My own first encounters with the films of André Téchiné came via my weekly browsing of the Tower Records at Lincoln Center, as well as a long-forgotten video store sandwiched between Hell’s Kitchen and Midtown, during my one year as a New York City resident, from 2002 to 2003. Fresh out of the University of South Carolina, theater degree in tow, I’d spent the summer before performing Shakespeare at the Utah Shakespearean Festival in Cedar City. When I moved to New York, I sealed myself off into my 6x6 bedroom, watching one strange cinematic miracle after another on my bulky Dell laptop. After a steady ten-year diet of action films, American independents, and AFI 100 Classics, the novelistic quality of Téchiné’s narratives, as well as the open sexuality of his characters, thrusted me into a strange new world of contradictions, a far cry from both my Biblical upbringing in the South and the mostly binary narratives of gay indies.

Wild Reeds

Despite having a boyfriend, my experience of sexual identity, from elementary school up through college, had been vast and fluid, and at odds with the black-and-white views embedded in South Carolina in the 1990s. Outside of Gregg Araki, with whom I was intrigued but not yet ready to fully engage, I had rarely seen this fluidity portrayed as convincingly as it was in Wild Reeds. The film, inspired by Téchiné’s own upbringing, serves as an impressionistic portrait of the sensual lives of teenagers in the southwest of France. As the Algerian War reaches a fever pitch, boarding school student François is preoccupied with negotiating his romantic feelings for Maïté, the communist daughter of his teacher, and his sexual feelings for the lower-class Serge, the son of a local farmer. With the ingredients in place for a wrenching, fatalistic melodrama about conflicted passions, one would expect things to end in turmoil and tragedy. And yet, to this Southern Baptist preacher’s kid nervously involved with a boy for the first time, it was a shock to discover that a late-night scene of intense lovemaking between François and Serge gives way not to ridicule but to a new understanding. These characters’ encounters and communications did not lead to the exhibitions of shame I would have expected but to a slack-jawed acceptance of the fact that the molecules between us can shift so unexpectedly.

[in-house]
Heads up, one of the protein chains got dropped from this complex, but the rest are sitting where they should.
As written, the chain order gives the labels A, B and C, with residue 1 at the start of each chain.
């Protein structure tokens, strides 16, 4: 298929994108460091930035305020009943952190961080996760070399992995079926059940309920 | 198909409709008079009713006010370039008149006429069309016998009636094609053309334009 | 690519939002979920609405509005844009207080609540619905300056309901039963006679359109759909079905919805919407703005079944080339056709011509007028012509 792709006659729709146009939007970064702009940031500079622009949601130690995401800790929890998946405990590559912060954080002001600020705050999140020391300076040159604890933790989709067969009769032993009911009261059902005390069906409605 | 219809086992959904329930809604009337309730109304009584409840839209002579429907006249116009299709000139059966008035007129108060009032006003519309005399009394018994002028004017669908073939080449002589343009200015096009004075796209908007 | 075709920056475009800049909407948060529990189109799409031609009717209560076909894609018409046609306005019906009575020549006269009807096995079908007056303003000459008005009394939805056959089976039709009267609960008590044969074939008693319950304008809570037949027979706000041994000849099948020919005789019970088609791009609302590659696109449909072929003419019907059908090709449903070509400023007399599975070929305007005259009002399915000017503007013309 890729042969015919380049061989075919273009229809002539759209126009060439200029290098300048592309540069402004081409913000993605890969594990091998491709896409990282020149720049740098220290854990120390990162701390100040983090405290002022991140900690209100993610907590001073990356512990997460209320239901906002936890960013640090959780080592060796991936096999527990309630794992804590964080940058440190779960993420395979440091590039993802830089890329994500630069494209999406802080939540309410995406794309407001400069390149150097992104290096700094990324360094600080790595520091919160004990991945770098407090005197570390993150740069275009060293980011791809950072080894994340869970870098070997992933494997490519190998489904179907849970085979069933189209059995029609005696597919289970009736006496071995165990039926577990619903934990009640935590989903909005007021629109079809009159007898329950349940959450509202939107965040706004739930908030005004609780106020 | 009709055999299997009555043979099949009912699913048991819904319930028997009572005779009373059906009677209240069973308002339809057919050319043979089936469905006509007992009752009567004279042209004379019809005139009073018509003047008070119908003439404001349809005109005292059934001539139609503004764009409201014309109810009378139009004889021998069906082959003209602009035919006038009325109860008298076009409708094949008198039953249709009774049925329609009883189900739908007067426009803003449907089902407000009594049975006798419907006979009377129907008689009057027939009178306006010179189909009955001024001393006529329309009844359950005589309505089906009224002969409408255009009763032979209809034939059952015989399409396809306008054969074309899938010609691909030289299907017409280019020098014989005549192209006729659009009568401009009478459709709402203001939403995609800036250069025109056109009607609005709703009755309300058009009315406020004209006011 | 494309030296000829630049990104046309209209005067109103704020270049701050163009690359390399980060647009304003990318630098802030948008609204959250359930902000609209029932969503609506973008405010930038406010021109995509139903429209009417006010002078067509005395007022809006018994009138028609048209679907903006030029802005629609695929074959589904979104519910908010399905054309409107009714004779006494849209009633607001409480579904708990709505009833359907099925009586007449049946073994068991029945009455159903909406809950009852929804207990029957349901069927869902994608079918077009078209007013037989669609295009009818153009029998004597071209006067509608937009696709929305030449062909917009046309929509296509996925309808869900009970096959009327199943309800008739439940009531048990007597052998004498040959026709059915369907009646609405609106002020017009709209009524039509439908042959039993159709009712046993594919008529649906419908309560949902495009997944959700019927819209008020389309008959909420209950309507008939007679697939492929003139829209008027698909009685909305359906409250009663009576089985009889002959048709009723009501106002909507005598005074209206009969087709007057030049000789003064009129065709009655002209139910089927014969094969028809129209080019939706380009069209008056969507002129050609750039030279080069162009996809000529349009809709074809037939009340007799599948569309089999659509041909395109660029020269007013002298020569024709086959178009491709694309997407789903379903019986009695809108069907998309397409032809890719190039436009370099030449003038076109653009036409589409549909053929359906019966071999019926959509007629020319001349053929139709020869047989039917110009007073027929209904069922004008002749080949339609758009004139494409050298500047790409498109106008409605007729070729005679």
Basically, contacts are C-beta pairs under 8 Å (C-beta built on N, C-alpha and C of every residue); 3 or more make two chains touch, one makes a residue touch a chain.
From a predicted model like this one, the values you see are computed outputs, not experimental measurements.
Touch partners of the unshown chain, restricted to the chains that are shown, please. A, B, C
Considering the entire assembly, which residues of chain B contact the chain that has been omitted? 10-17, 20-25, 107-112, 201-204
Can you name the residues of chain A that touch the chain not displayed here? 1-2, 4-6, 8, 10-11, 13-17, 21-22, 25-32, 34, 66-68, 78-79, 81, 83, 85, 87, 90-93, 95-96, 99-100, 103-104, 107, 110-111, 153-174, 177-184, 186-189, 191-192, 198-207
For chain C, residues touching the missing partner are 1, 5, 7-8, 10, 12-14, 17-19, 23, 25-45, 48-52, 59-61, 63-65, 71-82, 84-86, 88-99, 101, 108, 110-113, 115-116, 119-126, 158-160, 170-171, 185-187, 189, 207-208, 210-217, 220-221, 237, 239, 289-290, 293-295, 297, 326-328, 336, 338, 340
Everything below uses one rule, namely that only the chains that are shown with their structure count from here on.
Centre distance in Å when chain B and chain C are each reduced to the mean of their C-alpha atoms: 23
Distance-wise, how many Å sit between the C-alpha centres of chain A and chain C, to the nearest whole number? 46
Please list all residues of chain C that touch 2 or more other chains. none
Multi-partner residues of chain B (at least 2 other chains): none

This revelation—that sex between men did not have to result in humiliation or resentment—made that first DVD viewing of Wild Reeds life-altering. I couldn’t have known that, seven years later, I would be making my own film about the emotional struggles of three teenagers. The Wise Kids (2011), which takes place in the suburban South Carolina of my youth, was influenced by the anxious grace and shifting winds of Wild Reeds.

While that film served as an international breakthrough for Téchiné, the twenty-first-century output of the now seventy-six-year-old Téchiné has been largely overlooked and underrated by both critics and audiences. His work continues to explore complicated matters of the heart but in an increasingly kinetic, handheld style, with the director looking to the past and the present, and to the headlines, for story material. With The Witnesses, an ensemble drama set during the early years of the AIDS crisis, there was the usual useless “return to form” chatter (bizarre, considering the movie followed 2004’s remarkable Changing Times), but, as with almost all of his films, it became almost instantly undervalued.